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Wednesday 9 March 2011


The Norske 35 design is a tough, double ended design very much in the style of Colin Archer and billed as an ocean cruiser by Harley Boats for construction in ferro cement.

Dimensions are 35' LOD, beam of 11' and a relatively shallow draft of 5'3". Hartley describe her as "traditional relatively cheap and easy to construct craft, for general cruising or ocean wandering. The rig is easily within the limits of the loner." The sail plan shows either a gaff cutter or ketch rig.

Windboats in Wroxham, Norfolk better known for construction of the Endurance 35, also built a number of Norske 35's using their "SeaCrete" method of ferro cement during the 1970's. Despite a poor reputation with insurer's, yacht surveyors and for resale value, there are a number of well built examples around which are doing well even after 30 odd years.

Grace is a Windboat built Norske she is normally based on the Hamble, but currently taking a sabbatical on the west coast of France.


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    Boats and divers have been hunting for survivors from the sunken ferry - but many remain missing
    More than 200 people - many of them schoolchildren - remain missing after a ferry sank on Wednesday off South Korea. The BBC looks at some of the questions surrounding the disaster.
    Why did the boat sink?
    Rescued passengers report hearing a loud thud before the boat began to tilt. This may have been caused by the vessel striking a submerged object such as a rock or a sunken container.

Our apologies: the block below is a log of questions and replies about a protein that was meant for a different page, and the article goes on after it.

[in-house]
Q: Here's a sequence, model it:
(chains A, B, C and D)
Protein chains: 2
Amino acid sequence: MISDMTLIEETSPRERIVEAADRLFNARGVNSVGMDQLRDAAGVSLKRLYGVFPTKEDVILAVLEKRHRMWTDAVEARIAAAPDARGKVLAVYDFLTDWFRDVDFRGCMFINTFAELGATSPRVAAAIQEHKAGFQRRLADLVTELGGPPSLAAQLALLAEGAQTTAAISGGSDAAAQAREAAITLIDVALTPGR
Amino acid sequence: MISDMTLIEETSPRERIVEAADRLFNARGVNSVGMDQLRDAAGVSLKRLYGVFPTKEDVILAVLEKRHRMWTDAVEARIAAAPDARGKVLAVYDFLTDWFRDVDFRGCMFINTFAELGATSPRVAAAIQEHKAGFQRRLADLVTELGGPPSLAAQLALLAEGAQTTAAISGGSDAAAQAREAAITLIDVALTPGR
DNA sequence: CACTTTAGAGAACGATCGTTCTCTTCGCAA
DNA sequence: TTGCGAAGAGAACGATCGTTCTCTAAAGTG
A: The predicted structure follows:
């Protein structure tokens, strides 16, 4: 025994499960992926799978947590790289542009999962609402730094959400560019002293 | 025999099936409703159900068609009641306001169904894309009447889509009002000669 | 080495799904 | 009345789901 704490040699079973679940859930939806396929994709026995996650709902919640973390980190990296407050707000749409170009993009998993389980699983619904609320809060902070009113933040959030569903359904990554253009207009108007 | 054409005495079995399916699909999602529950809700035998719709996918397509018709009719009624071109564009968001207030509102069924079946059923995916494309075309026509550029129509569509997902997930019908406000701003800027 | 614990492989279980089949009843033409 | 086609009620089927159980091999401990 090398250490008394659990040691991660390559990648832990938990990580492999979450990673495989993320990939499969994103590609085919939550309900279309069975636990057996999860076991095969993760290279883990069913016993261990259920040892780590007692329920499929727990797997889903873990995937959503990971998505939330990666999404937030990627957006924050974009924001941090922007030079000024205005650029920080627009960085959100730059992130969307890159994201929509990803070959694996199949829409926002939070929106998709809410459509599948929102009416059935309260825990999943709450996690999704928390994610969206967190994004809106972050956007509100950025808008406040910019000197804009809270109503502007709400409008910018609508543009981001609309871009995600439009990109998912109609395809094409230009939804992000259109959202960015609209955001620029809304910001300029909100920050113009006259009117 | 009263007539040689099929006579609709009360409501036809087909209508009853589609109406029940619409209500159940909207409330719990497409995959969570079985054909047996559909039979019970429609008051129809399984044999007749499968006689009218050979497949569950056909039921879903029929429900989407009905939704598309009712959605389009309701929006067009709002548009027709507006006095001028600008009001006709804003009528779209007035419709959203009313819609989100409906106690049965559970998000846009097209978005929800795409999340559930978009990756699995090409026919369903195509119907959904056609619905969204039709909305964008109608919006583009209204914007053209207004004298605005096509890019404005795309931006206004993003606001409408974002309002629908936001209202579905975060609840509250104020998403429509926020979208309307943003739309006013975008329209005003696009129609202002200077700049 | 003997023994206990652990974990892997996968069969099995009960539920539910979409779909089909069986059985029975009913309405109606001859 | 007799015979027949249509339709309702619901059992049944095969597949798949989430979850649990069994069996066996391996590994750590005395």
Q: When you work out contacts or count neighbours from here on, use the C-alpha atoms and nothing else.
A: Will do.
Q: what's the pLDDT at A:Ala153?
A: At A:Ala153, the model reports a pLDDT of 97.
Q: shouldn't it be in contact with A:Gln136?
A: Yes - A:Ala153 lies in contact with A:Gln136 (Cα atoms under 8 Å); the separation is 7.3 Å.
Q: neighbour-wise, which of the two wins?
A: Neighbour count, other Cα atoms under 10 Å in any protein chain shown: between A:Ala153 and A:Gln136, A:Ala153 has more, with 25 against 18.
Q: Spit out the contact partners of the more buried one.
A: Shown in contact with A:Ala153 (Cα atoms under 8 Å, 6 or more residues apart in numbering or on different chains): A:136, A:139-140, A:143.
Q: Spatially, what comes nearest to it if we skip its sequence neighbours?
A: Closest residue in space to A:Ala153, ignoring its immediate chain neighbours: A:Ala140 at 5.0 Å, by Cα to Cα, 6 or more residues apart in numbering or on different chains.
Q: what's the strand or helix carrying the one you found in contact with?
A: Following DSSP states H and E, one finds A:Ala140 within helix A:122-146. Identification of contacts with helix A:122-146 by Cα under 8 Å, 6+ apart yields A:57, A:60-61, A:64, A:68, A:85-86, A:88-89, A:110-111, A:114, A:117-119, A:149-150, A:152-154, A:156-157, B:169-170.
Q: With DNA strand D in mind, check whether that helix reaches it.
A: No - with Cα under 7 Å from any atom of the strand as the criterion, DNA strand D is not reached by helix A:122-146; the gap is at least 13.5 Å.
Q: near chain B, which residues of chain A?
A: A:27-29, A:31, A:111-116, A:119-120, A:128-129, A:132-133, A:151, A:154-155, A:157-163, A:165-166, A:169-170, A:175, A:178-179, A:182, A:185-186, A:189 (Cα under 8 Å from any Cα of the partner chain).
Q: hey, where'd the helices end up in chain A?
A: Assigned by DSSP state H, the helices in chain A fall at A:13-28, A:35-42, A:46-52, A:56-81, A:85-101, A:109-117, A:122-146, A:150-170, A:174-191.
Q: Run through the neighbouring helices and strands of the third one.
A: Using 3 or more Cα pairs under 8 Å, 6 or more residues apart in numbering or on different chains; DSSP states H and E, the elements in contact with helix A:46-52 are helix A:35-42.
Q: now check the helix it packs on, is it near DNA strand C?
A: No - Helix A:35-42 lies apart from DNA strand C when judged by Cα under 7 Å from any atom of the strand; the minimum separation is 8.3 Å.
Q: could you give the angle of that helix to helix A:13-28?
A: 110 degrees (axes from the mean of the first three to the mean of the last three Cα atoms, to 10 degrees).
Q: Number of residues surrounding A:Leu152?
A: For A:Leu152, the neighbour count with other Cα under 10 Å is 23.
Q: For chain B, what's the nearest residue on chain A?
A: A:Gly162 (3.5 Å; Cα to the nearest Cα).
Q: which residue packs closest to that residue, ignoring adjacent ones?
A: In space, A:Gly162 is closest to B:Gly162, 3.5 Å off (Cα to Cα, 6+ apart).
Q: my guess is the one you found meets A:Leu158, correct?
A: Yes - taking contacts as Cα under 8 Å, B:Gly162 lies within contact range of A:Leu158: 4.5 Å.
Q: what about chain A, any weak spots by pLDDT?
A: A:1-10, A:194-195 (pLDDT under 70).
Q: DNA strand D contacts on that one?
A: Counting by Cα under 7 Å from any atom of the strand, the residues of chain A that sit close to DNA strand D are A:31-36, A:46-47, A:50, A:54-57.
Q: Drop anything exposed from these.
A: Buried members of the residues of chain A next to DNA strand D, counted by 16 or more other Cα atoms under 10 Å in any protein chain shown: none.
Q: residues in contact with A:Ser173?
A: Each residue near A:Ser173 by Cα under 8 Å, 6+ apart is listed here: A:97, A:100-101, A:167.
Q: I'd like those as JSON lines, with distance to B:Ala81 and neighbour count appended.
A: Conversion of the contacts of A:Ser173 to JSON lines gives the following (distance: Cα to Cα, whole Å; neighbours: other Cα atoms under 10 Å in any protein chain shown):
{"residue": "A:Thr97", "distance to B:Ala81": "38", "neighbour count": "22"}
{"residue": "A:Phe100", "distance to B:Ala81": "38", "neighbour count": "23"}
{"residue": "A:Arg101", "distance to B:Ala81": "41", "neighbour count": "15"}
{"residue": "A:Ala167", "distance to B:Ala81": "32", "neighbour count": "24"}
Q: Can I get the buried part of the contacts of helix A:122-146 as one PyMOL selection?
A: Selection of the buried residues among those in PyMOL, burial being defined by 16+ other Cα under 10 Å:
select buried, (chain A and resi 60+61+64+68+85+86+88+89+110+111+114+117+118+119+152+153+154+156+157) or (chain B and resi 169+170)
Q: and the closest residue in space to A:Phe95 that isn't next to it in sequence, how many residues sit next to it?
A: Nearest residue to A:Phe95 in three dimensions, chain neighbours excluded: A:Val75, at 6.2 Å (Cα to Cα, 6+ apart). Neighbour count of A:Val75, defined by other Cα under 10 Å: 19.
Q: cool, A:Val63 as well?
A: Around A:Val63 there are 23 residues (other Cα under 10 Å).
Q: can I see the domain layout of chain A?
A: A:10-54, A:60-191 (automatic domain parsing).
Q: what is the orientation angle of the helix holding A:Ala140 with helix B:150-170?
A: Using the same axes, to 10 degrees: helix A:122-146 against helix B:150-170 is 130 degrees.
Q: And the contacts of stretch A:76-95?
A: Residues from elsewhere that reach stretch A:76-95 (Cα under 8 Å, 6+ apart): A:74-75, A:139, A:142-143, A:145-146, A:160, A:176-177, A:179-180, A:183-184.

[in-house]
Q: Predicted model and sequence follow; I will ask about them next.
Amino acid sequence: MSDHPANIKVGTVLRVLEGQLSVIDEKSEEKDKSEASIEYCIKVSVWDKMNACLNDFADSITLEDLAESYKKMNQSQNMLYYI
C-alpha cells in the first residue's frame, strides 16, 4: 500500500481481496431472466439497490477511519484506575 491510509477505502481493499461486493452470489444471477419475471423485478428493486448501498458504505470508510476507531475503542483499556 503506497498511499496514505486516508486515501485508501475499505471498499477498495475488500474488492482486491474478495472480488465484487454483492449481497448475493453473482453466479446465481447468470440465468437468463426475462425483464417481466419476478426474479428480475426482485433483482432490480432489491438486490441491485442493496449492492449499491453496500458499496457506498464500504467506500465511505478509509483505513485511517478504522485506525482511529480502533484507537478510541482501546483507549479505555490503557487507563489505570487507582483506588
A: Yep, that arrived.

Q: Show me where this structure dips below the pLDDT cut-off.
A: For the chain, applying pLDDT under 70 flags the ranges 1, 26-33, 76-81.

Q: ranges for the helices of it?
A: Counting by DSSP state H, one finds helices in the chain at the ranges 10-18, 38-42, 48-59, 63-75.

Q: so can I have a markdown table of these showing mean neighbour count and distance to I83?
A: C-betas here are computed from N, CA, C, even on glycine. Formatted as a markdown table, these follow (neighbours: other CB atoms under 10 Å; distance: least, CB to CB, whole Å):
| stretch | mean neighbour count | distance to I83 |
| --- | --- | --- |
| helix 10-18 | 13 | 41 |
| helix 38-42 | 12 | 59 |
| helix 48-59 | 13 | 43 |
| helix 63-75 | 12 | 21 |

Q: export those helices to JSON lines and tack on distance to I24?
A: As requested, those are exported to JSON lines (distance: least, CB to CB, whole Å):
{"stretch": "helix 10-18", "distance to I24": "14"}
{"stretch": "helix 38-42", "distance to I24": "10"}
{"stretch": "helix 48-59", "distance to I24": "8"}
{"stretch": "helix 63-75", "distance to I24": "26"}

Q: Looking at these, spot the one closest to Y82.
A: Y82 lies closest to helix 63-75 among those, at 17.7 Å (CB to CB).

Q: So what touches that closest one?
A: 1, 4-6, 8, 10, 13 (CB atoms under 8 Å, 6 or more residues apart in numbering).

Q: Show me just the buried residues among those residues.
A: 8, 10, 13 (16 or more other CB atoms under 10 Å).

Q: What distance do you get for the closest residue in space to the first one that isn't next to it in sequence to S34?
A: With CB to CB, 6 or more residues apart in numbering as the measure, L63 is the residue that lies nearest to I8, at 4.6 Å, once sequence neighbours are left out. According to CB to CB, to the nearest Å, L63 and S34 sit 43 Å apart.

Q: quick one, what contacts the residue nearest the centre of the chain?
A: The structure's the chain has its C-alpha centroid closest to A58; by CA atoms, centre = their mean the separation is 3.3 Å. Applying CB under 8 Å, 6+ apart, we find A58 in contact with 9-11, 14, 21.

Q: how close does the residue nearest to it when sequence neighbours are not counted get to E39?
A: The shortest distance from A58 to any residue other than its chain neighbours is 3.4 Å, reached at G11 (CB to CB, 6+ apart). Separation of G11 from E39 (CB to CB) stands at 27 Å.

However, the noise may also have been caused by large cargo coming loose aboard the vessel.
    The ferry is known to have made a sharp turn shortly before it issued a distress call but is not clear whether this was planned or the result of an external factor, the South Korean Constellation MaritimeMinistry said.
    "The distress call was put out and the authorities had a structured response," says Bruce Reid, CEO of the International Maritime Rescue Federation, a body that promotes safety at sea. But, he says, it is still too early to come to any conclusions about the effectiveness of the rescue mission.
    More questions are being raised about instructions given to passengers.
    Several survivors say that the crew ordered them to stay in place when the vessel ran into trouble. Ultimately, only two of the ferry's lifeboats were deployed. Many passengers were rescued after jumping into the sea, wearing lifejackets.
    Oh Yong-seok, a crew member, told the Associated Press news agency that the officers initially tried to stabilise the vessel. He says they instructed passengers to put on life-jackets and stay on the ship. The evacuation order was only given after 30 minutes, Mr Oh said, and it may not have reached all the passengers.
    "Those currents are quite swift, [which] means that the rescue area would be quite broad," he says.
    After previous accidents, passengers have sometimes been rescued from air pockets within sunken vessels. However, there is less chance of surviving for long in cold waters, such as those off the shores of South Korea.
    Passengers or crew would be very lucky to find themselves in an air pocket, says Mr John Noble,constellation marine services. "If they did, they would instinctively make a noise by banging on the metalwork," he says. "And I'm quite sure the rescuers would be listening for that."

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